Let’s Talk about the Constitution


Do you remember where you learned about the guarantees of our Constitution? Was it in sixth grade civics class like it was for me? My daughter Claire, who is 11, is going into sixth grade this fall, and I’m curious about whether or not she’s going to be taught about the Constitution and, specifically, about the Sixth Amendment’s right to counsel.

When I was doing trial work in Arkansas in the ‘90s, people said that the average education level of a jury was about eighth grade. Couple that with the findings in Americans’ Views on Public Defenders and the Right to Counsel, the public opinion polling effort my office conducted, that showed more than half of focus group participants did not know that the right to counsel is in the Constitution. It also showed that among lawmakers and the public alike, there appears to be a general lack of awareness about what the right to counsel means and the reality that it is not being upheld as directed by the Constitution and the landmark 1963 Supreme Court case Gideon v. Wainwright.

Last fall the Annenberg Public Policy Center at the University of Pennsylvania, released the findings from its annual national survey about the Constitution that showed that Americans are poorly informed about basic constitutional provisions. Thirty-seven percent of respondents could not name any rights associated with the First Amendment without prompting, and far fewer could name First Amendment rights other than freedom of speech—and that’s the First Amendment! It is perhaps not surprising then that we found so few people know about the Sixth Amendment and its right to counsel in our research.

As a former assistant prosecutor, I know the power structures in the criminal justice system are not balanced between the state and the defendant. Coming out of law school, I thought the system was supposed to be fair and just. So, imagine my surprise when I witnessed many bail hearings where defendants didn’t have legal representation.

I’ve traveled to a lot of courts in this country throughout my career, seeing well-meaning judges and prosecutors tipping the balance of power because they were short on time and resources and didn’t have a clear understanding of constitutional law. Knowing that all of us in the criminal justice system want a fair and just outcome, I started the Right to Counsel (R2C) National Campaign with friends and colleagues to raise awareness about the need for courthouses all over the country to look at how their policies and procedures are playing out in real time when it comes to ensuring the right to counsel. My experience told me we needed a public awareness campaign, because we’ve gotten off track when it comes to ensuring the Sixth Amendment right to counsel, and part of the reason for this is a basic lack of information.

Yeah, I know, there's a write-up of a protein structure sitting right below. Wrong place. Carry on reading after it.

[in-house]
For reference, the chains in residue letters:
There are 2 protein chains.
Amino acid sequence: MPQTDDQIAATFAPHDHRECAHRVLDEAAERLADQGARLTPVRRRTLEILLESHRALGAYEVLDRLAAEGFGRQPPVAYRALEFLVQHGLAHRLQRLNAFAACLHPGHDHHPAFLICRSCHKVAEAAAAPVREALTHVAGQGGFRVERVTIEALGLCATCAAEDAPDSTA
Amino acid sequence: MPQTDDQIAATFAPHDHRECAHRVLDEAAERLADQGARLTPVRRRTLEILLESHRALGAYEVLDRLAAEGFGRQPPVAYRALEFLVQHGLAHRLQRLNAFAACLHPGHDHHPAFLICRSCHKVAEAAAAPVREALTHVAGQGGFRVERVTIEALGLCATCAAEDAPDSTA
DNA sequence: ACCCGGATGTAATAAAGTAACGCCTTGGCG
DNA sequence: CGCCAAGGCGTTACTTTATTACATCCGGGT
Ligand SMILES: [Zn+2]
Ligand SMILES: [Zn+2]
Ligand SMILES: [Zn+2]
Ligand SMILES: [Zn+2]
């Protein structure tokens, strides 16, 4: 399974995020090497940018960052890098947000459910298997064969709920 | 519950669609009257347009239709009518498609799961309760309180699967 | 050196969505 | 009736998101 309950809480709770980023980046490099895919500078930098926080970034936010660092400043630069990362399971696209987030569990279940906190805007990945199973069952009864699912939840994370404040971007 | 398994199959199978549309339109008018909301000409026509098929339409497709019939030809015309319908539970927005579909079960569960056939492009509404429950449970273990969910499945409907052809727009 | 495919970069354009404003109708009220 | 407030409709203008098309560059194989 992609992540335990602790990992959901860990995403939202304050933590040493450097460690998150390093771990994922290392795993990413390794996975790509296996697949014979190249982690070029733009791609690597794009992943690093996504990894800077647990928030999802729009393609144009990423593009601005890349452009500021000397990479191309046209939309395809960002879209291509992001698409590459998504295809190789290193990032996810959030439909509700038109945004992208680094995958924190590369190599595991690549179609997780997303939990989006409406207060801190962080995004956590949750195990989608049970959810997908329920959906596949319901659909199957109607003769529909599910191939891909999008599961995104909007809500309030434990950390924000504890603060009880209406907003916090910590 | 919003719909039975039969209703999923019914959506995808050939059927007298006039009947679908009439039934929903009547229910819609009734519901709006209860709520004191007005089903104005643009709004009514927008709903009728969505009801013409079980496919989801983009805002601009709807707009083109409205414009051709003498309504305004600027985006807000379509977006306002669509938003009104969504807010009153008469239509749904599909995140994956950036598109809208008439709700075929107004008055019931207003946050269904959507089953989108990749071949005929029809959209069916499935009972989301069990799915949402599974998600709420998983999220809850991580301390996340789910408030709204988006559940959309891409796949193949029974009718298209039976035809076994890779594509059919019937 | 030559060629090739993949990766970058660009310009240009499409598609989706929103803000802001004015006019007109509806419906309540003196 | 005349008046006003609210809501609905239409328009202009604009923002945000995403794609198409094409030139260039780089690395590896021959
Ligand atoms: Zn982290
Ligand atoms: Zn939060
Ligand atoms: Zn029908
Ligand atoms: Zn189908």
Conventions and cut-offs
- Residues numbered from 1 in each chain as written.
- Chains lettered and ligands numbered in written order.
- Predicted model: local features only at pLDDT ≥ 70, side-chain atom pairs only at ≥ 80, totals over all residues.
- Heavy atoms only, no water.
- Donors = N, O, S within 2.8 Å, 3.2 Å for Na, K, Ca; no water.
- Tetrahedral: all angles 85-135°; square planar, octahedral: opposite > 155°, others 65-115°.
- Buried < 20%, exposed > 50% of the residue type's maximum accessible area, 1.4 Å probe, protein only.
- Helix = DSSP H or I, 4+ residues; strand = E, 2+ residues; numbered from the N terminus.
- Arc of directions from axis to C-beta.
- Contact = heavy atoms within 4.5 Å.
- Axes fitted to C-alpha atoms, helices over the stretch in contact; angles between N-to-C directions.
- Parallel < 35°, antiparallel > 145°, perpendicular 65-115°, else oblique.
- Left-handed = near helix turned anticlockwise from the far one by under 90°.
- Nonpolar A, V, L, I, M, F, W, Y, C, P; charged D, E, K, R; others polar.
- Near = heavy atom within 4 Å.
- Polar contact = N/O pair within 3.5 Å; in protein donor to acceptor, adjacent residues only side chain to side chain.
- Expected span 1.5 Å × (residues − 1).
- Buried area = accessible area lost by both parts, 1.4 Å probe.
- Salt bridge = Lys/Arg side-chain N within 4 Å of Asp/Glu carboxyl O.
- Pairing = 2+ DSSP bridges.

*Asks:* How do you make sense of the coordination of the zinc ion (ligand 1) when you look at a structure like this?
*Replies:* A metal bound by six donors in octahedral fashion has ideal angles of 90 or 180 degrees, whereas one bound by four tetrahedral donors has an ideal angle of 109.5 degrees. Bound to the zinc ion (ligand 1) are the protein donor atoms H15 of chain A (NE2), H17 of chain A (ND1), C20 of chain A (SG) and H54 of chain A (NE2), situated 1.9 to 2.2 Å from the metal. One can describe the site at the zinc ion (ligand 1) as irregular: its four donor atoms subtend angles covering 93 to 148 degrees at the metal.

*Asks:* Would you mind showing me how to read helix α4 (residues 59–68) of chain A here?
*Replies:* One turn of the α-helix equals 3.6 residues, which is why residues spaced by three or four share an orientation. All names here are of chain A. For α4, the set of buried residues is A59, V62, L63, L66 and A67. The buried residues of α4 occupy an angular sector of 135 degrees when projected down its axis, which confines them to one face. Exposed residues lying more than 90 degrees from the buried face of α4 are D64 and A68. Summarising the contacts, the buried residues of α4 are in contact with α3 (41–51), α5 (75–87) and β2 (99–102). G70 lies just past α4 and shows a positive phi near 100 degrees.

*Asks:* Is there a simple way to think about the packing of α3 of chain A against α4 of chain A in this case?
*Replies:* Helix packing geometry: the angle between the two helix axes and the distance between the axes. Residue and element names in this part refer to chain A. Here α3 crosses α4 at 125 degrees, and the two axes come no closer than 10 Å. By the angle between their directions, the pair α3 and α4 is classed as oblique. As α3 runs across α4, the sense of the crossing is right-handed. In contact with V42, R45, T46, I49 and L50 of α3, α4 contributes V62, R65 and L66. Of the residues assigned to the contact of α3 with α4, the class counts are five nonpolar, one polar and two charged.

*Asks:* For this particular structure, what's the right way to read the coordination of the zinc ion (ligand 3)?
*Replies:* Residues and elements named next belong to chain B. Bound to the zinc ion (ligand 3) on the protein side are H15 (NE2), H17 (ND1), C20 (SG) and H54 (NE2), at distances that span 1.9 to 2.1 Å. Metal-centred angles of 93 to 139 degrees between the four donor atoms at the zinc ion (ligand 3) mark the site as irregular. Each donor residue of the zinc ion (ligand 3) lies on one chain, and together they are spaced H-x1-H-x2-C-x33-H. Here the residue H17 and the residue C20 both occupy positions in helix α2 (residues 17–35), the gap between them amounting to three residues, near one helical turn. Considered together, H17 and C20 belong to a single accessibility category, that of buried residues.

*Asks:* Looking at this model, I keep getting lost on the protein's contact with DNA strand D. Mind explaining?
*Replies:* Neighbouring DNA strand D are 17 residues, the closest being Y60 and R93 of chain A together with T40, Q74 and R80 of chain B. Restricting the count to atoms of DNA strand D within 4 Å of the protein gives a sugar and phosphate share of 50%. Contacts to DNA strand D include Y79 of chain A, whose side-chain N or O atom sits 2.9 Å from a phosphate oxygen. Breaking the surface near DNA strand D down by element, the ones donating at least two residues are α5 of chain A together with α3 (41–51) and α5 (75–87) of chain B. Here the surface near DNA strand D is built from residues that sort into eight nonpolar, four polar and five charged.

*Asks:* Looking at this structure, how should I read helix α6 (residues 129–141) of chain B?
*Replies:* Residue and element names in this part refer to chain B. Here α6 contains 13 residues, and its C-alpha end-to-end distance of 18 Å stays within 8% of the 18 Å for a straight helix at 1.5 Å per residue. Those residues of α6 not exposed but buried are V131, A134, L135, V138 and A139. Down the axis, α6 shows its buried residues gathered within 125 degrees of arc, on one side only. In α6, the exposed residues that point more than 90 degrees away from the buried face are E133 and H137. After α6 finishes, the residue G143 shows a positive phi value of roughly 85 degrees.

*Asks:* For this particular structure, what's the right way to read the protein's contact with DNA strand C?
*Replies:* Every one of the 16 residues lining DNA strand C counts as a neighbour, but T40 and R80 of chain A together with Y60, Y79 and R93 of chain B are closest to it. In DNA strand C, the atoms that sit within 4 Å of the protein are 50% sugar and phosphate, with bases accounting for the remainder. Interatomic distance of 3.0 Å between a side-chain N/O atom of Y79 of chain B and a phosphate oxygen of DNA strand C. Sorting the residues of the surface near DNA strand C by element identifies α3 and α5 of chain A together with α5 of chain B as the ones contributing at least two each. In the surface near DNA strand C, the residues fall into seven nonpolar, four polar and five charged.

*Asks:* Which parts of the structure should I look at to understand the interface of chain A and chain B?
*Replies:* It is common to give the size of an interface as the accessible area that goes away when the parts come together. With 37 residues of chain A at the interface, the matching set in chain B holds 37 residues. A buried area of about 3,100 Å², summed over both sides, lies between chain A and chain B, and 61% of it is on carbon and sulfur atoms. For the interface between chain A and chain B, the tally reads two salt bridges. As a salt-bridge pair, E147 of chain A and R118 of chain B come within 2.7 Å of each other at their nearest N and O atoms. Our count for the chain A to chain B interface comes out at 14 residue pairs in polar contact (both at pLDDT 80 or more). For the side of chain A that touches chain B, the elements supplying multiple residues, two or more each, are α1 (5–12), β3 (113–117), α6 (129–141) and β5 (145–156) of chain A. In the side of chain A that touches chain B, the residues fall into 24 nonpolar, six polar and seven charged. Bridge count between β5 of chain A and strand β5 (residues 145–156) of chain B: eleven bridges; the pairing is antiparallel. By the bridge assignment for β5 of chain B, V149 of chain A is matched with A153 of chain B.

Advancing the R2C National Campaign has been harder than I expected. My good friend Norm Reimer, the executive director of the National Association of Criminal Defense Lawyers, told me it would be hard; he didn’t say it would be this hard! One of the biggest challenges that R2C needs to overcome is the lack of understanding that the right to counsel is a constitutional right. As confirmed in Americans’ Views, not all Americans know that guaranteeing every person accused of a crime has access to a competent lawyer is a fundamental American right written into our Constitution and that this right is being denied all across the country.

There are many reasons this issue has been swept under the rug and not garnered the attention it should, and I’m asking you to stand with me and take a good hard look at what’s going on. And not just at trial stages but also at bail hearings and first appearances where many defendants don’t have legal representation. Research shows that without counsel at these stages, defendants face more jail and prison time and have higher recidivism rates. Yes, our dockets are long and crowded, and many citizens that need mental health services are ending up in jails and courtrooms. But that’s not a reason for us to forget about the Constitution. Instead, it’s another reason to stand up and work to ensure that all courts provide and protect our right to counsel—a liberty that’s enshrined in the Constitution.

As my daughter heads into sixth grade, I can’t help but feel strongly that we need to do a better job educating our youth about the Constitution. We need to make sure that they learn how important our constitutional rights are and what they are. We must not forget the Sixth Amendment and its right to counsel. The right to counsel is the cornerstone to protecting our liberty—and all other Six Amendment rights—in the criminal justice system.

I’m now inspired to give a presentation at Claire’s school next year about the Sixth Amendment. Join me! Let’s pledge to educate our youth on this important issue. I’ll put together a presentation on the Sixth Amendment that we can all use at middle school and will post it on our website at the beginning of the school year. Stay tuned, and once it is ready, take it and present it at your local school.

Together, let’s become more informed and make sure our youth are informed citizens that know their rights and can identify when those rights are being denied. Let’s increase the baseline of knowledge and ensure that by the time my daughter is my age, polling will find the majority of Americans know their constitutional rights, and there will no longer be a Right to Counsel National Campaign, because it’s no longer needed.

Kim Ball is the executive director of the Justice Programs Office

One Reply to “Let’s Talk about the Constitution”

  1. Kim,
    I didn’t know you had a blog!!!! I’m catching up on it and I am very glad I did. I love it. If you ever get back home, give me a call here at Mississippi County (Arkansas) Drug Court!

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